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29 September 1999 Huber effect and its application to micromotors
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The micromotor is an extremely small device a few millimeters or less in size. Micromotors in the order of microns are realized by MEMS technology. Important applications in biomedicine include ultrasound probes for blood vessels, microrobots for colon intervention, smart pills and nanolitre pumps. Other uses include actuator for MOEMS and small variable capacitors. One exciting implication of micromotors is that they can be powered by rectifying mechanical vibrations. MEMS are playing an important role in our daily life as these systems are widely used in optics, communication and information systems, fluidics, biotechnology and medicine, scanning probe microscopes, automobiles and aerospace. There are a number technical challenges with micromotors, including the need to reduce stiction and increase torque. The precise geometry of the motor is usually tightly coupled to the stiction effect - the sticking of adjacent surfaces after release due to static friction. Piezoelectric, electrostatic and electromagnetic effects have been investigated to produce the electromotive force for the micromotor. However, we propose a micromotor design based on the Huber effect, as this will allow a new range of geometries and hence possibilities for managing stiction. To date, there have been no reported attempts at using the Huber effect, and this is possibly due to it being a poorly understood phenomenon. The reason for this is that large motors that utilize the Huber effect are self-destructive and hence have never been reliably characterized. Such motors are shown to be able to operate form a dc or ac source, and this property may be valuable in some MEMS applications.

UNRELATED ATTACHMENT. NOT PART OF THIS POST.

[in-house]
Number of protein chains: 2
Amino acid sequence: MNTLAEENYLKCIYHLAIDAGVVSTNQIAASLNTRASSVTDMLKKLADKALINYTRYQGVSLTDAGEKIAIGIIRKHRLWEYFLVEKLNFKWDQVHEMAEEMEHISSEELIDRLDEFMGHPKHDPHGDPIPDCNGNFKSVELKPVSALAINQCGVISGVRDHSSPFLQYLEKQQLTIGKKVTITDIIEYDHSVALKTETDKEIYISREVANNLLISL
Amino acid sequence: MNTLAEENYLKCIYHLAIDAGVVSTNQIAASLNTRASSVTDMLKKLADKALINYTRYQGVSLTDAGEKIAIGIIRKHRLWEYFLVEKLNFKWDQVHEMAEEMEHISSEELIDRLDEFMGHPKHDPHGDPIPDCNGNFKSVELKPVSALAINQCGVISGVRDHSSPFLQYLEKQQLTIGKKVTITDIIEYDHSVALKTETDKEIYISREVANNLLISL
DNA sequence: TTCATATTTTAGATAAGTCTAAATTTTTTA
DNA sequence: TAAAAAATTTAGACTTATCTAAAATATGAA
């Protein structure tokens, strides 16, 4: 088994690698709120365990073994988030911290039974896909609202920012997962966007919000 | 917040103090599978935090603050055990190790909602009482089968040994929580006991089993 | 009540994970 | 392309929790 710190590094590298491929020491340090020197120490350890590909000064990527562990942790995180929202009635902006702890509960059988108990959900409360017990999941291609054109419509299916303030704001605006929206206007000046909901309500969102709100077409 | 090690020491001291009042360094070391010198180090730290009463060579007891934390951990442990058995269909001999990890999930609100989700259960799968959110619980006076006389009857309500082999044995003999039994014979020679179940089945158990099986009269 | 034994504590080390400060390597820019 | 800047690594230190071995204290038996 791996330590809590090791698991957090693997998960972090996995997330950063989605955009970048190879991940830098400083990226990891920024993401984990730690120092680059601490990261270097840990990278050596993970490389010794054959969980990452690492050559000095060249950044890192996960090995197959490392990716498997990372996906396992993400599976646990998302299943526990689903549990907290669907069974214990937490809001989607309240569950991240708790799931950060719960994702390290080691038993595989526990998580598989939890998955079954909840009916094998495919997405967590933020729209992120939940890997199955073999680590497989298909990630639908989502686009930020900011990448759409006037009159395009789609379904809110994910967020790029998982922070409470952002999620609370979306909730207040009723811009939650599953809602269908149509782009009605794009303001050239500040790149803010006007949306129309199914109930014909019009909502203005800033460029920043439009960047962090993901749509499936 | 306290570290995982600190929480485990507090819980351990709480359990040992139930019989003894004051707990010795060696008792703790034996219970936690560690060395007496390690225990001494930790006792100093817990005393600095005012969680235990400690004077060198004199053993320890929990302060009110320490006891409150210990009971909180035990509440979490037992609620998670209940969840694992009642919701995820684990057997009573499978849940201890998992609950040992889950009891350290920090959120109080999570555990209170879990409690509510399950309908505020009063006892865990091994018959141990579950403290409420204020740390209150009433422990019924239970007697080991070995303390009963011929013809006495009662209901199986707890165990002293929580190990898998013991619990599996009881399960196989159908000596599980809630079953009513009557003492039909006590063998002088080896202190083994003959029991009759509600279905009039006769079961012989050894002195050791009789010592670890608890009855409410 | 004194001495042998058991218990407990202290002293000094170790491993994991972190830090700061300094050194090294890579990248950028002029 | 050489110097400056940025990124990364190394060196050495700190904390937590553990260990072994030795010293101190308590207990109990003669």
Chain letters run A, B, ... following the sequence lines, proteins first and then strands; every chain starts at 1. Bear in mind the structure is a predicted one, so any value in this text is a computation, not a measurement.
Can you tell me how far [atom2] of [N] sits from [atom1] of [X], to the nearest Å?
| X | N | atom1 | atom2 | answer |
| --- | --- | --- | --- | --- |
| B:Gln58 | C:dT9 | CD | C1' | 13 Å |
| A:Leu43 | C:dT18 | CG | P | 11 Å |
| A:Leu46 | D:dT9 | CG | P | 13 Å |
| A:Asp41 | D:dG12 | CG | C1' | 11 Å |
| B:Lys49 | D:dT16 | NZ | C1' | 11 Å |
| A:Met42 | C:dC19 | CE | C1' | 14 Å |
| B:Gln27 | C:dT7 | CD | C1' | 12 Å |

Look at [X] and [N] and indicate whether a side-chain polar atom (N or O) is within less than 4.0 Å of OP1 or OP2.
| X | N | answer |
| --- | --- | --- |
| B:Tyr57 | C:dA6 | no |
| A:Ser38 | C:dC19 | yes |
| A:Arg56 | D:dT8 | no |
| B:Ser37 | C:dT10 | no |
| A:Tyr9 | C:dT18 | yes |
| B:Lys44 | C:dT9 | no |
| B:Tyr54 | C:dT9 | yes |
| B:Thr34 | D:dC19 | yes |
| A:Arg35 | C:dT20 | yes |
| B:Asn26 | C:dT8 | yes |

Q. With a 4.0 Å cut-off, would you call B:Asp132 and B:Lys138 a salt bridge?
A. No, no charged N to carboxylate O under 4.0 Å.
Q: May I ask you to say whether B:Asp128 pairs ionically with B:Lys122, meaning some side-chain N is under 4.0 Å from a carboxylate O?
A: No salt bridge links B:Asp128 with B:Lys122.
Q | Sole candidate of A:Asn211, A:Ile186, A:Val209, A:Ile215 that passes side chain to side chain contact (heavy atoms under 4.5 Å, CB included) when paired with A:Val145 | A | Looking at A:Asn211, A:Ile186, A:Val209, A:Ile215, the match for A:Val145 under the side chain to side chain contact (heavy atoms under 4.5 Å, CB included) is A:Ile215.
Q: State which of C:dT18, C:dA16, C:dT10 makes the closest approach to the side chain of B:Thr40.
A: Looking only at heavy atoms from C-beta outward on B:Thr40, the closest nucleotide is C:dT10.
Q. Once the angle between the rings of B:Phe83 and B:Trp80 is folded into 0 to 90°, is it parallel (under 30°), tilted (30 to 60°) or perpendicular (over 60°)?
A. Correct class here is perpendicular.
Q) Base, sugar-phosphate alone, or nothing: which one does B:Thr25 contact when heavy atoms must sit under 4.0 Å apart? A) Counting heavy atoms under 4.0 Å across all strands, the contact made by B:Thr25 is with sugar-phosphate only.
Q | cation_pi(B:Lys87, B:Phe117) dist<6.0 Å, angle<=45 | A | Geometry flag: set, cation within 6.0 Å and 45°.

© (1999) COPYRIGHT Society of Photo-Optical Instrumentation Engineers (SPIE). Downloading of the abstract is permitted for personal use only.
Yullia Shen, Boon Kain Tay, Benjamin Thompson, Wen L. Soong, Bruce R. Davis, and Derek Abbott "Huber effect and its application to micromotors", Proc. SPIE 3891, Electronics and Structures for MEMS, (29 September 1999);


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